Allium babingtonii

Common Name: wild leek 
Type: Bulb
Family: Amaryllidaceae
Native Range: Ireland
Zone: 5 to 9
Height: 3.00 to 5.00 feet
Spread: 1.00 to 2.00 feet
Bloom Time: June to August
Bloom Description: Mauve to greenish white
Sun: Full sun
Water: Medium
Maintenance: Medium
Suggested Use: Vegetable, Naturalize
Flower: Showy, Good Cut, Good Dried
Tolerate: Deer, Black Walnut


Winter hardy to USDA Zones 5-9 where this plant is easily grown in deep, rich, medium moisture, well-drained, sandy loams in full sun. Plants tolerate a variety of soil types. Plants perform best with consistent moisture during the growing season. Bulbils not harvested will drop to the ground and sprout new plants which sometimes become somewhat weedy in the garden.

Noteworthy Characteristics

Allium babingtonii, commonly known as Babington’s leek, is a rare perennial of the onion family that is native to coastal rocky or sandy ground including sea cliffs near Cornwall and Dorset on the southwestern coast of England plus parts of coastal Ireland including Galway Bay, the Aran Islands, the northwestern and northeastern coasts, and Wexford and Waterford along the southern coast. Some consider this plant to be a relic of an ancient cultivation dating back to the old days of castles and monasteries. Others consider it to be an ancient introduction along the coast by prehistoric seafaring visitors to England and Ireland. This allium features narrow, glaucous, grass-like, linear green leaves which are flat above but keeled below. Leaves tend to wither around the time the flowers bloom. Flowers bloom June-August in loose, irregular, spherical umbels located atop leafless, stout, rounded flowering scapes rising to 3-5’ tall. Each umbel contains up to 500 tiny, mauve to greenish white, sterile flowers interspersed with short-stalked bulbils. Prior to bloom, the developing umbel of flowers and bulbils is enclosed with a papery sheath which splits apart when the flowers open. One unique thing about this species is that the bulbils will produce flowers.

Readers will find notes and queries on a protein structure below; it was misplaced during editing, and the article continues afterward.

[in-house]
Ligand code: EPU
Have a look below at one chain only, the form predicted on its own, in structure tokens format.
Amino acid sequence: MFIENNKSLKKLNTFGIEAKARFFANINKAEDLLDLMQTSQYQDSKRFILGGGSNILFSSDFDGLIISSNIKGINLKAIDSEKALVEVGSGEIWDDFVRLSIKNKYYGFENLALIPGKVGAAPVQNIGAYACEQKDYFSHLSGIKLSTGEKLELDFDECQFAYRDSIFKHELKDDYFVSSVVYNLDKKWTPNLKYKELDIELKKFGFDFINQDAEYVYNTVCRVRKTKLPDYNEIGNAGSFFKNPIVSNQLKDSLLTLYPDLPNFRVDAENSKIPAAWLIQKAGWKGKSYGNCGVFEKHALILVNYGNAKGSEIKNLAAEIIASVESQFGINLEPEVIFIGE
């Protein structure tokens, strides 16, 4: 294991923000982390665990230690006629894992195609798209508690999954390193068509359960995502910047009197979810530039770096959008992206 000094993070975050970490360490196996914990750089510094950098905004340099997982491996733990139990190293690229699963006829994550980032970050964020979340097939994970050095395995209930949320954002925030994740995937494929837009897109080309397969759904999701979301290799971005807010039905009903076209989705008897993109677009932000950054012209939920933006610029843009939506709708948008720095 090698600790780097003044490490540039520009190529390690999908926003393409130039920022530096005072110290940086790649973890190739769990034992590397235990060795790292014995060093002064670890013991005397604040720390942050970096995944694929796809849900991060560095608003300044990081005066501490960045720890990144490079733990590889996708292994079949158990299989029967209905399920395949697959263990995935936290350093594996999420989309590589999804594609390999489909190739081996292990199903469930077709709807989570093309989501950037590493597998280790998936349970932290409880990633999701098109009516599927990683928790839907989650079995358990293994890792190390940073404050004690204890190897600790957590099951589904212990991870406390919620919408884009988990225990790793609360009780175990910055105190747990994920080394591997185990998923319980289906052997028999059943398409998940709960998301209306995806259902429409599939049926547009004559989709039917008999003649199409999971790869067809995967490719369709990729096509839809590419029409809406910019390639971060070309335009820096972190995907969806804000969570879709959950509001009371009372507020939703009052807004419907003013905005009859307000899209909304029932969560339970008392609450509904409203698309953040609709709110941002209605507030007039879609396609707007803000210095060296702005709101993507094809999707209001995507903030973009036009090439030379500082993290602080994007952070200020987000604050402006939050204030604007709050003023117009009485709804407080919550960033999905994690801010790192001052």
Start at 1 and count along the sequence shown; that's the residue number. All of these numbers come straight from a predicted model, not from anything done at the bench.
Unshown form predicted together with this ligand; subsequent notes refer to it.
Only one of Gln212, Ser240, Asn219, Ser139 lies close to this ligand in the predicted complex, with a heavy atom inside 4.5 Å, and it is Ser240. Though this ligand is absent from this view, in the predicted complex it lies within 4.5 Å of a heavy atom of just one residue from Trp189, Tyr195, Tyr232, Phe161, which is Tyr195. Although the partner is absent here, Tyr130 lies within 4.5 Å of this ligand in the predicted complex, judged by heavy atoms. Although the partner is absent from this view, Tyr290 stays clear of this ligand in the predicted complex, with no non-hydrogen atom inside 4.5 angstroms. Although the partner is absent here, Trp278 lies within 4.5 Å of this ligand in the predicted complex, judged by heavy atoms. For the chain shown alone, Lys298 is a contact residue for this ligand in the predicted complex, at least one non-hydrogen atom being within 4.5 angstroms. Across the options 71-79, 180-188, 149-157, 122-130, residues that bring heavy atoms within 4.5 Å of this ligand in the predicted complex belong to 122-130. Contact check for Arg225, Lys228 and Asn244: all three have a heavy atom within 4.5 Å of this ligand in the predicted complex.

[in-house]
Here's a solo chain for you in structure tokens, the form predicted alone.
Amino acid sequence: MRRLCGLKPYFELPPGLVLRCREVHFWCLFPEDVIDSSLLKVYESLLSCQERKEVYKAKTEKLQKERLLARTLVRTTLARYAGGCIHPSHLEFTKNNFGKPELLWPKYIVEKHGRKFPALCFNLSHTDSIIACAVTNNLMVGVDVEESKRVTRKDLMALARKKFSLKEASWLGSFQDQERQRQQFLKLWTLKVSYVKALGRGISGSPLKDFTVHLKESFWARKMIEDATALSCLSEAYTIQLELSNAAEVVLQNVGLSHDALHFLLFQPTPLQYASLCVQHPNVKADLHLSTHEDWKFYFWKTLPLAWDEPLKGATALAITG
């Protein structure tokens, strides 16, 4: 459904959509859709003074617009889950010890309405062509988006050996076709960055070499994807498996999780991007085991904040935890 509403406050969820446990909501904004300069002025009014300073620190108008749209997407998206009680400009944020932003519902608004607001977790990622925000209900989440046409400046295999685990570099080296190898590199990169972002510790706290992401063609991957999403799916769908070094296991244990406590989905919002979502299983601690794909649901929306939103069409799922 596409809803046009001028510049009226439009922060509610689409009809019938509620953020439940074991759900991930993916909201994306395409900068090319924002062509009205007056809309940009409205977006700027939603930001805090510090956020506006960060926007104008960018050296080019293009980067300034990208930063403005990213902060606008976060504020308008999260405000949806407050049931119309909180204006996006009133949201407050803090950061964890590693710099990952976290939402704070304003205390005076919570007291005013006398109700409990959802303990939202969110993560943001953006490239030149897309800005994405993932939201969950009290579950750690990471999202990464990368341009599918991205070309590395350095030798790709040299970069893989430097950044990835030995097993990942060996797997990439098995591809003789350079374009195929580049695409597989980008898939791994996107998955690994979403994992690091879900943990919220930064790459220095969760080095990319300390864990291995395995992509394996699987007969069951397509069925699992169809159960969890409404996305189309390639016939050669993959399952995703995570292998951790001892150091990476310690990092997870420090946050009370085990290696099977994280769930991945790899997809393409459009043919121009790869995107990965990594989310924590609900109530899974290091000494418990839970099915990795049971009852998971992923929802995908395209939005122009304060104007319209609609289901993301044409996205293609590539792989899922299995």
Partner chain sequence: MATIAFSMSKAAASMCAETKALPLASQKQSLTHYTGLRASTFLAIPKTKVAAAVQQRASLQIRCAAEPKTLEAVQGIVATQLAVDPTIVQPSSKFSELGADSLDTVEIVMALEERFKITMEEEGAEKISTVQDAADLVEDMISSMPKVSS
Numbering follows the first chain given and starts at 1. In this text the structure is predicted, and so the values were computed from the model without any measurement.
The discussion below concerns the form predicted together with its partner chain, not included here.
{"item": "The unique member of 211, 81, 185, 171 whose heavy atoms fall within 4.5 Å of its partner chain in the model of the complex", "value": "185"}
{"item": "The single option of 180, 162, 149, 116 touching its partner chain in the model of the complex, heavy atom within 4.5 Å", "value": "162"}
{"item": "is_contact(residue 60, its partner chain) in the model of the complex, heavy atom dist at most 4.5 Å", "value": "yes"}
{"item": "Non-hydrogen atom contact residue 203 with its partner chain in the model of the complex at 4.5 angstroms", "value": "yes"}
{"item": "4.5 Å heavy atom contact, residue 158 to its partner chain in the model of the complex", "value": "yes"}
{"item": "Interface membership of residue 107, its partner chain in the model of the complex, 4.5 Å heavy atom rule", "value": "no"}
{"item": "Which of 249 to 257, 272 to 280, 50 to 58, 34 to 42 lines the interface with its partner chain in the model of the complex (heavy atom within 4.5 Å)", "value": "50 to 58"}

Edible parts of this allium are the young spring leaves and the early fall bulbils, both of which can be added to salads and soups. Interesting ornamental qualities include the tall flowering spikes which tower above the foliage clumps.

This species is listed (particularly in Great Britain) as Allium ampeloprasum var. babingtonii.

Genus name comes from the classical Latin name for garlic.

Specific epithet honors English botanist Charles Cardale Babington (1808-1895).


No serious insect or disease problems. Bulb rot may occur in overly moist soils. Slugs attack young plants. Mildew, rust and leaf spots may appear. Watch for onion maggots and thrips.


Rare plant that is usually grown for ornamental purposes. Borders, cottage gardens, wild gardens. May be grown in herb gardens and vegetable gardens where the young leaves and bulbils may be harvested for food. Leaves are tasty when young, but are not ornamentally attractive. Flowering stalks are ornamentally attractive when flowers are in bloom.